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2018 Gruber Cosmology Prize

last modified May 18, 2018 09:04 PM
2018 Gruber Cosmology Prize

(Image credit: ESA)

The 2018 Gruber Cosmology Prize has been awarded to the Planck Team, which includes several KICC researchers, and to Jean-Loup Puget (the Principal Investigator of the Planck High-Frequency Instrument) and Nazzareno Mandolesi (the Principal Investigator of the Low-Frequency Instrument). Planck was a satellite, launched in 2009, which mapped the temperature and linear polarization of the cosmic microwave background radiation, the afterglow of the big bang, with unprecedented accuracy. These data allowed exquisite tests of our standard model of cosmology and measurement of the matter content, geometry and initial conditions of the Universe. The Planck team at Cambridge, led by Prof. George Efstathiou, made leading contributions to the analysis of data from the Planck satellite across a number of areas. These included development of the likelihood used to compare statistically the data to cosmological theories, separation of the data collected over nine wavebands into Galactic and extragalactic astrophysical components, identification of the imprint of distant clusters of galaxies and other compact objects in the data, extraction of the subtle effects of gravitational lensing (light bending) by large-scale structures in the Universe, and critical tests of the physics of the early universe through measurements of the level of Gaussianity of the CMB fluctuations.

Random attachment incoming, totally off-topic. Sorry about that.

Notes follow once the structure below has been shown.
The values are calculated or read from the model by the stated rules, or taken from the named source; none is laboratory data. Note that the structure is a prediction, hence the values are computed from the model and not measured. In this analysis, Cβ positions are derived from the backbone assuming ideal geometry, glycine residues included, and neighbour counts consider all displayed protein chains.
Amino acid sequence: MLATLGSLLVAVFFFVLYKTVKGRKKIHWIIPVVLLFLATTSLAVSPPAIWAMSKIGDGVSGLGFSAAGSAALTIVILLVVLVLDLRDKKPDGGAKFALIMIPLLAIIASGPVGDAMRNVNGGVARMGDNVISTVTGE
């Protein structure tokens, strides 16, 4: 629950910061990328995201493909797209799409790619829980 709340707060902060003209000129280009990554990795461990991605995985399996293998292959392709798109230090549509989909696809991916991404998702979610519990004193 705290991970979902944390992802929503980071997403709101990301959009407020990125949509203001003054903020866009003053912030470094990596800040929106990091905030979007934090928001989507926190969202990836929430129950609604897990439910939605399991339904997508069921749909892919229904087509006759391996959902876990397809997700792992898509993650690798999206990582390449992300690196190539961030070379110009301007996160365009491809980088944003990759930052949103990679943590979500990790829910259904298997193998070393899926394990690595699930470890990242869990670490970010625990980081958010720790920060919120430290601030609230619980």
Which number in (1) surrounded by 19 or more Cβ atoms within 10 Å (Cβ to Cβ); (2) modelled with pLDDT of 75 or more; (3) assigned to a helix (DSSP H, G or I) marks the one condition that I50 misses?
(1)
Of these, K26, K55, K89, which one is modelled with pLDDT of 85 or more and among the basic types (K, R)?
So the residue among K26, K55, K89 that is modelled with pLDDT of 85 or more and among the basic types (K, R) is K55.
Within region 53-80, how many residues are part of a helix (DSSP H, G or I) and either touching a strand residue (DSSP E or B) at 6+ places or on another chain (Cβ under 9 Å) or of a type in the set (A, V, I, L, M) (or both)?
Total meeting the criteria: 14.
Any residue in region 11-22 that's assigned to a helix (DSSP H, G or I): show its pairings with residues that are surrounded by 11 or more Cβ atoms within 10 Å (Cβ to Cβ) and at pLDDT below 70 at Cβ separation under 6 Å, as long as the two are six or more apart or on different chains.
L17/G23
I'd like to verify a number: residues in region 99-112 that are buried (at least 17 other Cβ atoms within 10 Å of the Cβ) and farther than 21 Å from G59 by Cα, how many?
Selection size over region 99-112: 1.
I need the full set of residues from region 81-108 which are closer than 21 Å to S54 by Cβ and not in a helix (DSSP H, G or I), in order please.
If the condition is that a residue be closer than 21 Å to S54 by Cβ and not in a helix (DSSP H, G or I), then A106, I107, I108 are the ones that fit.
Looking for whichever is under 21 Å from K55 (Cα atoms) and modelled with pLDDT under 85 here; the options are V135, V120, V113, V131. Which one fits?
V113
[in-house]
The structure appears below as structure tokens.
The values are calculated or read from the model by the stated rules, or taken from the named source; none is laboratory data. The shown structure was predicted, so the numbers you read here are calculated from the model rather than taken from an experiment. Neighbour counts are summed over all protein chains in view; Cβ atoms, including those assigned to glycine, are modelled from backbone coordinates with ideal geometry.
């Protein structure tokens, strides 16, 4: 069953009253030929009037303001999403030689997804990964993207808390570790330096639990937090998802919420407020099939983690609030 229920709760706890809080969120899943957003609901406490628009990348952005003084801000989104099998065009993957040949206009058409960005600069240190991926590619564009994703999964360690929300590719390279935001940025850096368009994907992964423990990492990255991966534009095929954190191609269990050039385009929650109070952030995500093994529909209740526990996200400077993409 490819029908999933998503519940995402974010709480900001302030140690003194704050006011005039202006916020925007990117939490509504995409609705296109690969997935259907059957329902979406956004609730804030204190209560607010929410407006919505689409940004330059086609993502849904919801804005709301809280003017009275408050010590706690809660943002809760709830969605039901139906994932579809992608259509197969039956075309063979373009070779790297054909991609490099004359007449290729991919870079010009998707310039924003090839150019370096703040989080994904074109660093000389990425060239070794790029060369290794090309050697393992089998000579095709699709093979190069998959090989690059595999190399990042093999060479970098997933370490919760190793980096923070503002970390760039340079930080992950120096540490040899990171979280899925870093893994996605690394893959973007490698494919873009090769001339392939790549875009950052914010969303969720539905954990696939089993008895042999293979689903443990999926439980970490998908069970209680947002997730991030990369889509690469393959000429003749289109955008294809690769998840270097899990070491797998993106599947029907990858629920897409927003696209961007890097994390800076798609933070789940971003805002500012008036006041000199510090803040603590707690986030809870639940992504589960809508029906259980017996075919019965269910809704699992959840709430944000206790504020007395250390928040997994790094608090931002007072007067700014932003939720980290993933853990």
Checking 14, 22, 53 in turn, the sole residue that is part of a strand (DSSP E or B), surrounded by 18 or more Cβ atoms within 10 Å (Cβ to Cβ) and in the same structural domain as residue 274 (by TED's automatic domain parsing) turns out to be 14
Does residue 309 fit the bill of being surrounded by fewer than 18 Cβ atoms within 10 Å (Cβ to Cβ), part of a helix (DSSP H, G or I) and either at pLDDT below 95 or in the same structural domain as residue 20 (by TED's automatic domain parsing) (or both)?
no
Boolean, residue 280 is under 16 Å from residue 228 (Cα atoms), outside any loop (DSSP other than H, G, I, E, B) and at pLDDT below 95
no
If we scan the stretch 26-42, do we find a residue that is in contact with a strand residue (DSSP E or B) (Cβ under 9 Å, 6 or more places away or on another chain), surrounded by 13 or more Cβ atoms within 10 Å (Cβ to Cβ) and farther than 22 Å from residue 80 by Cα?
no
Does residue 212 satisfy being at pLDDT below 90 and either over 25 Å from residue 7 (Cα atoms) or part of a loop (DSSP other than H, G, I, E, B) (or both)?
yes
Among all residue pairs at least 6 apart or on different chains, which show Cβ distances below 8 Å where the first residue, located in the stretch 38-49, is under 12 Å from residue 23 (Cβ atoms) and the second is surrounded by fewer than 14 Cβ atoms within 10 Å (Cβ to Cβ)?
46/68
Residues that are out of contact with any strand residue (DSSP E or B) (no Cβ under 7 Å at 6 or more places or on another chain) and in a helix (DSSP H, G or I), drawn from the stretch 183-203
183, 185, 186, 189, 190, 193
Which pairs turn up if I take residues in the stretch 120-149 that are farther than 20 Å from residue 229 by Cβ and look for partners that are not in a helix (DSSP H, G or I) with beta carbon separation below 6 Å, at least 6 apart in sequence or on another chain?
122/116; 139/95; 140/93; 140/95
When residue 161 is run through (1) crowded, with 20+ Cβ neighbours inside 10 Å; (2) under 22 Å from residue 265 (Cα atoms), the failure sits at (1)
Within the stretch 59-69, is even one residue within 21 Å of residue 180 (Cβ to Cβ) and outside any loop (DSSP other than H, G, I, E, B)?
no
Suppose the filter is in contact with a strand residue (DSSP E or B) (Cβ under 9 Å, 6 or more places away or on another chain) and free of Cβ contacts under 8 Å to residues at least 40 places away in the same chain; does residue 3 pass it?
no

The team continue to work on the Planck data, with a final "legacy" release planned for early summer.